Sequester outlines discourse in modern politics

BY CONNOR BURNS ’13
Senior Staff

During the 1980s, the American people came to regard the Democratic Party as the establishment of amnesty, abortion, and acid. They valued ideology over good policy or political survival. The Democrats skewed far left of center of the rest of the American public allowing the GOP to dominate the government for three presidential elections. House Republicans today would do well to remember the lessons of excessive ideological tilt, especially in light of the sequestration which took effect Friday. Some in the House have hailed the automatic cuts throughout the federal government as the first hard step towards a balanced budget.

Others, like John Boehner, speaker of the House, have instead levied the blame squarely on President Obama’s
shoulders.

Bob Woodward, famous for breaking the Watergate scandal, published an op-ed substantiating this claim. After publication, Woodward claimed the White House attempted to intimidate him out of running the account, saying to Politico that he had been told he would “regret” running the story. A few hours later the White House released the entirety of a highly cordial email between Woodward and a high-ranking White House official. The email began and ended with an apology for the raising of voices earlier, and in the context of full message cannot possibly be construed as a threat, veiled or otherwise. In any event, Woodward helped to give conservatives political cover for the largest cutback in American government ever.

The entire episode represents the schizophrenic nature of modern American budget debates. The GOP at once blames Obama for the cuts because of their inherent political costs, and at the same time hails them as salvation from fiscal oblivion. Meanwhile, Obama never thought in a million years that the Republicans would acquiesce to something so brutal as eight percent reductions to the Pentagon (plus the rest of the government).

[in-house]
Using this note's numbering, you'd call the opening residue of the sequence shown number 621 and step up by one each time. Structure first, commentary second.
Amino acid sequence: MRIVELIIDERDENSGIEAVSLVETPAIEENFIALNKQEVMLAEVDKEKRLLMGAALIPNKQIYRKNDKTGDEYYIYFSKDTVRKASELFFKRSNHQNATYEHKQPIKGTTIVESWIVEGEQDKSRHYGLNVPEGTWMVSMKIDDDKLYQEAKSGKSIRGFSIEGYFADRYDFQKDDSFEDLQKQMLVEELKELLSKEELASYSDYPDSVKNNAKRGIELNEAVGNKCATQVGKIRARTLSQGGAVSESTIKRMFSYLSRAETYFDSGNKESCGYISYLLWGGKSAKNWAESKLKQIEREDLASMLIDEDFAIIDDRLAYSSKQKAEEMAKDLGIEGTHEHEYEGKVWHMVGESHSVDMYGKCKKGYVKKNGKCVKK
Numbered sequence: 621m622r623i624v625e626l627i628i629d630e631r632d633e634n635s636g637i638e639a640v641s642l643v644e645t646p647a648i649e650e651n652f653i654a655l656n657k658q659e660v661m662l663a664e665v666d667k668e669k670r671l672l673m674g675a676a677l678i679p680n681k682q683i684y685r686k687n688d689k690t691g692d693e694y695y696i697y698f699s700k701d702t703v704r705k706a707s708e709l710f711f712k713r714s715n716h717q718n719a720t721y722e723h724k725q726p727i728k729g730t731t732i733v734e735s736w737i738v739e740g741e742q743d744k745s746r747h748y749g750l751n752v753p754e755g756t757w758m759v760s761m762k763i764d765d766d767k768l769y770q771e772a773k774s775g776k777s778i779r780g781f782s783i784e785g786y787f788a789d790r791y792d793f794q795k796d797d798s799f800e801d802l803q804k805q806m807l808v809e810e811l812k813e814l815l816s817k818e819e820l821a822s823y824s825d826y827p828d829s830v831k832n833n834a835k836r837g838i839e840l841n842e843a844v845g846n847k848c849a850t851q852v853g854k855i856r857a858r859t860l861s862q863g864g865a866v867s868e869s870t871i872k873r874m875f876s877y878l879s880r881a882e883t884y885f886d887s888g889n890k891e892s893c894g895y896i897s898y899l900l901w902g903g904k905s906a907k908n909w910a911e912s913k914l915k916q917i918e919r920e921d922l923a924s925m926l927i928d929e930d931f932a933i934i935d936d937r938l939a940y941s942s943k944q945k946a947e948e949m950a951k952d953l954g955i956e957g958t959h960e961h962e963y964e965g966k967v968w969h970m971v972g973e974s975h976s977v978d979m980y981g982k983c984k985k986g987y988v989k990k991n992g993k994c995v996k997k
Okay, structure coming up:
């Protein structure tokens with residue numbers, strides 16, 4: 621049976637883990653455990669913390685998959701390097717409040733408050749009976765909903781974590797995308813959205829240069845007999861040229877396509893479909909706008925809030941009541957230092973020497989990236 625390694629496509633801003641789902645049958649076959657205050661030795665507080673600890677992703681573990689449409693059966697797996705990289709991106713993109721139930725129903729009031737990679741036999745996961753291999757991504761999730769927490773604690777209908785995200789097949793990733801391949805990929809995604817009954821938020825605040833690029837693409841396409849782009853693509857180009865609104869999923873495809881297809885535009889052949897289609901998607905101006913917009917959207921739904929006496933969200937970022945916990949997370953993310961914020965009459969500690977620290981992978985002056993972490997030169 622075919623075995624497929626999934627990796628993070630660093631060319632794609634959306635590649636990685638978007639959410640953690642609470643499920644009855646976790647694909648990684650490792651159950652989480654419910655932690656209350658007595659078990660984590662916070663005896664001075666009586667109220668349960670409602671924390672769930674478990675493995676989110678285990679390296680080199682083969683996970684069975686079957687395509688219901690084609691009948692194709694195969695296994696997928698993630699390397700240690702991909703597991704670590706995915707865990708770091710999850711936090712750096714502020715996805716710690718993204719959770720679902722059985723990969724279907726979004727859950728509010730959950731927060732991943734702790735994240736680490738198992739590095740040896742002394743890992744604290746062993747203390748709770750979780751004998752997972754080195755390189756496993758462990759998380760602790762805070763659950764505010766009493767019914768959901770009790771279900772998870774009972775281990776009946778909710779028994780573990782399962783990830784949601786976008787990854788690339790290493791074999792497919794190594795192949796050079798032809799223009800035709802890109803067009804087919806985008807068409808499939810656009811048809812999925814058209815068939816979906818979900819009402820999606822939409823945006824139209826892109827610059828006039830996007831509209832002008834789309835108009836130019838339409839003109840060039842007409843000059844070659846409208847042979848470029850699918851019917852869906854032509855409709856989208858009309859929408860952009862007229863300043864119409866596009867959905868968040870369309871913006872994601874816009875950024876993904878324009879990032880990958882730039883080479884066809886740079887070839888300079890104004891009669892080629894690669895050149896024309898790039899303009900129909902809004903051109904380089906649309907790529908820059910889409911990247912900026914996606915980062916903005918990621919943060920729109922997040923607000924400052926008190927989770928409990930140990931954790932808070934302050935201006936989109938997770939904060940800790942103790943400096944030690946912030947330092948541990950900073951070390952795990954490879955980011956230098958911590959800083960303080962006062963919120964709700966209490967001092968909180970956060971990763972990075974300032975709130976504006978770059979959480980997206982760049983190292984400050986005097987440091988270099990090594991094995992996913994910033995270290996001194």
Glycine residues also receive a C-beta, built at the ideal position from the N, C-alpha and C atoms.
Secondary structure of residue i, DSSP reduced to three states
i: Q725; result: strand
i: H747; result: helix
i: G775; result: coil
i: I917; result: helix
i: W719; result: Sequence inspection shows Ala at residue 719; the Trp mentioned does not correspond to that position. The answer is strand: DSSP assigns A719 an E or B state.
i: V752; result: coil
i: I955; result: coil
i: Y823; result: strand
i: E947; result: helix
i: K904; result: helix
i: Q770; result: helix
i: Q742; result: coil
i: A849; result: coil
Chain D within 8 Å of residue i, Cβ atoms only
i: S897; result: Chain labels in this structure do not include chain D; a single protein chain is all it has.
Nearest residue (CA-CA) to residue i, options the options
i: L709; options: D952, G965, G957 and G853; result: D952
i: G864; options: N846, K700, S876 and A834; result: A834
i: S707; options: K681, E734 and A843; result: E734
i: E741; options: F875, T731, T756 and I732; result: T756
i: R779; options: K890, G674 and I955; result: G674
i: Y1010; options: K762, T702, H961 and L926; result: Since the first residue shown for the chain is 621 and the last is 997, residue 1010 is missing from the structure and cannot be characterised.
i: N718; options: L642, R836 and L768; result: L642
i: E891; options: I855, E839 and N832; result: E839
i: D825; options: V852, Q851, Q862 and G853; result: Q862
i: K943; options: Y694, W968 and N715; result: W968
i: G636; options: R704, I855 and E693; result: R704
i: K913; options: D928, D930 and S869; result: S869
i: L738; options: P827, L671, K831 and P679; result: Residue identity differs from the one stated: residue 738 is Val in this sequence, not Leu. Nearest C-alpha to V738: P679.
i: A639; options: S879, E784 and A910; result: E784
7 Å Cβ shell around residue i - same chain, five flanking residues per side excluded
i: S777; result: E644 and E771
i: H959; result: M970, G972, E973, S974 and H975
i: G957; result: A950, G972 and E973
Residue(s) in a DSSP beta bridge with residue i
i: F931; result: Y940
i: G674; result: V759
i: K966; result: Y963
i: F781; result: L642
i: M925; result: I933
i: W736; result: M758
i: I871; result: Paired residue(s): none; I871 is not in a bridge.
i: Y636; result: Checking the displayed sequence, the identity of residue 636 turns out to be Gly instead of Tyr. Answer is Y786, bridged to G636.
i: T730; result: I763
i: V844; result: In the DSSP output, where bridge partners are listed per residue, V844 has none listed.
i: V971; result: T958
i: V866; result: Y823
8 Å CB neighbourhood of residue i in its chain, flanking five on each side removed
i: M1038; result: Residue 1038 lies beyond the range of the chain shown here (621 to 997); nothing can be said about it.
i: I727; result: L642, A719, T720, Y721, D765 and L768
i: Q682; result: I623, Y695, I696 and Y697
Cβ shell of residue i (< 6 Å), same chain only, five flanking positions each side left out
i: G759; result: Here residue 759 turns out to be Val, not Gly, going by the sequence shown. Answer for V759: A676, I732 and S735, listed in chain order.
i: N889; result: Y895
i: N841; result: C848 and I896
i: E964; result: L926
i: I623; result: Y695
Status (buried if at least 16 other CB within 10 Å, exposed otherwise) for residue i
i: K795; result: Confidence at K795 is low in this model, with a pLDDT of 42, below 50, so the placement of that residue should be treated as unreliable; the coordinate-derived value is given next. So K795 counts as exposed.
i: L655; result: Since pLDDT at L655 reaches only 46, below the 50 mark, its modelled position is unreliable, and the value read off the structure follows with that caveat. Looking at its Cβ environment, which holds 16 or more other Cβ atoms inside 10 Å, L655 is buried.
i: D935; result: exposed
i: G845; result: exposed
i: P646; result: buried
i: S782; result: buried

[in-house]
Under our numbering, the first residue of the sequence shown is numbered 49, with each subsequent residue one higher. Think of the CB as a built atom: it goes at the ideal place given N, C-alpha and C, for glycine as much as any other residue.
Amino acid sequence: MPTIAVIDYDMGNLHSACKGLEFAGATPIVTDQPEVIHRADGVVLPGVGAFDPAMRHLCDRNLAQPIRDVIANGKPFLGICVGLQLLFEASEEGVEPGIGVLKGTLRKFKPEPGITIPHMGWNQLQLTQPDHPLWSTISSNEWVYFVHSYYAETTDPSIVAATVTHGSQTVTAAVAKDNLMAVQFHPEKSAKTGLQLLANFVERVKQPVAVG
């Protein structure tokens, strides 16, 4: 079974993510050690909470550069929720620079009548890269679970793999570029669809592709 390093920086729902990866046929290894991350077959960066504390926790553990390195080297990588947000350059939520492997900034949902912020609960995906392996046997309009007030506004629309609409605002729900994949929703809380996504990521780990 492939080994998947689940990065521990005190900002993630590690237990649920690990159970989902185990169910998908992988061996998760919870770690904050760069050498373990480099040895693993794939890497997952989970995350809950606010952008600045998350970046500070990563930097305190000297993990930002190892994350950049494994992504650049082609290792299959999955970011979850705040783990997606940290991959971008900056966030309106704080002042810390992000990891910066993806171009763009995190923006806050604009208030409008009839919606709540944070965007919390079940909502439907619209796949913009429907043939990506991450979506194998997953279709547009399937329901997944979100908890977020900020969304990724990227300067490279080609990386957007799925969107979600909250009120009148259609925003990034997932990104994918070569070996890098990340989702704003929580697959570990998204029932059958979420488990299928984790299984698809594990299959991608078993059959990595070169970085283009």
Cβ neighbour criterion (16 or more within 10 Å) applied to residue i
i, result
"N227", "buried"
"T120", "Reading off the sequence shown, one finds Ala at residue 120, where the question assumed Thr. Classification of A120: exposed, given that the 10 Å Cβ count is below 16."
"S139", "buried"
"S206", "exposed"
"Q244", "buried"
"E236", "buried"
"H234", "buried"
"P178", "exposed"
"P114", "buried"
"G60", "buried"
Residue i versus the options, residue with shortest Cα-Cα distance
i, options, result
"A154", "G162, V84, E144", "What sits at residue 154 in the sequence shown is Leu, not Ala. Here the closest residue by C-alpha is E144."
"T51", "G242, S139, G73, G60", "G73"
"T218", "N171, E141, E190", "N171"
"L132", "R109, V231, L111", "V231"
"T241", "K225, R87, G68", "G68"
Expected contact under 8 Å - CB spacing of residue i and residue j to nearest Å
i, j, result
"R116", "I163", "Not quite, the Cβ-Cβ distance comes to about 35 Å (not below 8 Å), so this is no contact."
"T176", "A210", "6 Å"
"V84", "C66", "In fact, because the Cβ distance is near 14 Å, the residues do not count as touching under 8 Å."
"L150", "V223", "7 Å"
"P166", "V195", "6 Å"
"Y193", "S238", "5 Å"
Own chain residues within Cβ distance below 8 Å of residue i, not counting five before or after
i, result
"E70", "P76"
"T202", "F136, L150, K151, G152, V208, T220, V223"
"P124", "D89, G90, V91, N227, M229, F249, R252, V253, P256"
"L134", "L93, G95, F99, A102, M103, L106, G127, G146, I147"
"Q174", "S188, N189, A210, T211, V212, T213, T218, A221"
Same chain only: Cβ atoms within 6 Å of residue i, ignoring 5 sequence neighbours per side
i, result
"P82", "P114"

The alternative, however, was compromise: a mix of both revenue increases and spending cuts. What Obama described as a “balanced approach” on the campaign trail this fall has become a nonstarter to congressional Republicans. America is being run by some pragmatists, and by some people who want to drown it in a bathtub, or at least for it to be small enough if they wanted to. Modern American political difference is marked not by competing ideas over specific policies but of whether modern government should exist at all.

Time will tell the sequester’s toll on the American economy. The common wisdom says its pain will take time to be felt, but a slow-ticking clock is no clock at all anymore in Washington. The sequester may languish in effect for months, and it very well may never be rolled back at all. It would be interesting to get back to a style of politics that involves having policy debates rather than contests of attrition, but perhaps politics has always been this kind of game.

Questions? Email Connor at cburns@fandm.edu.

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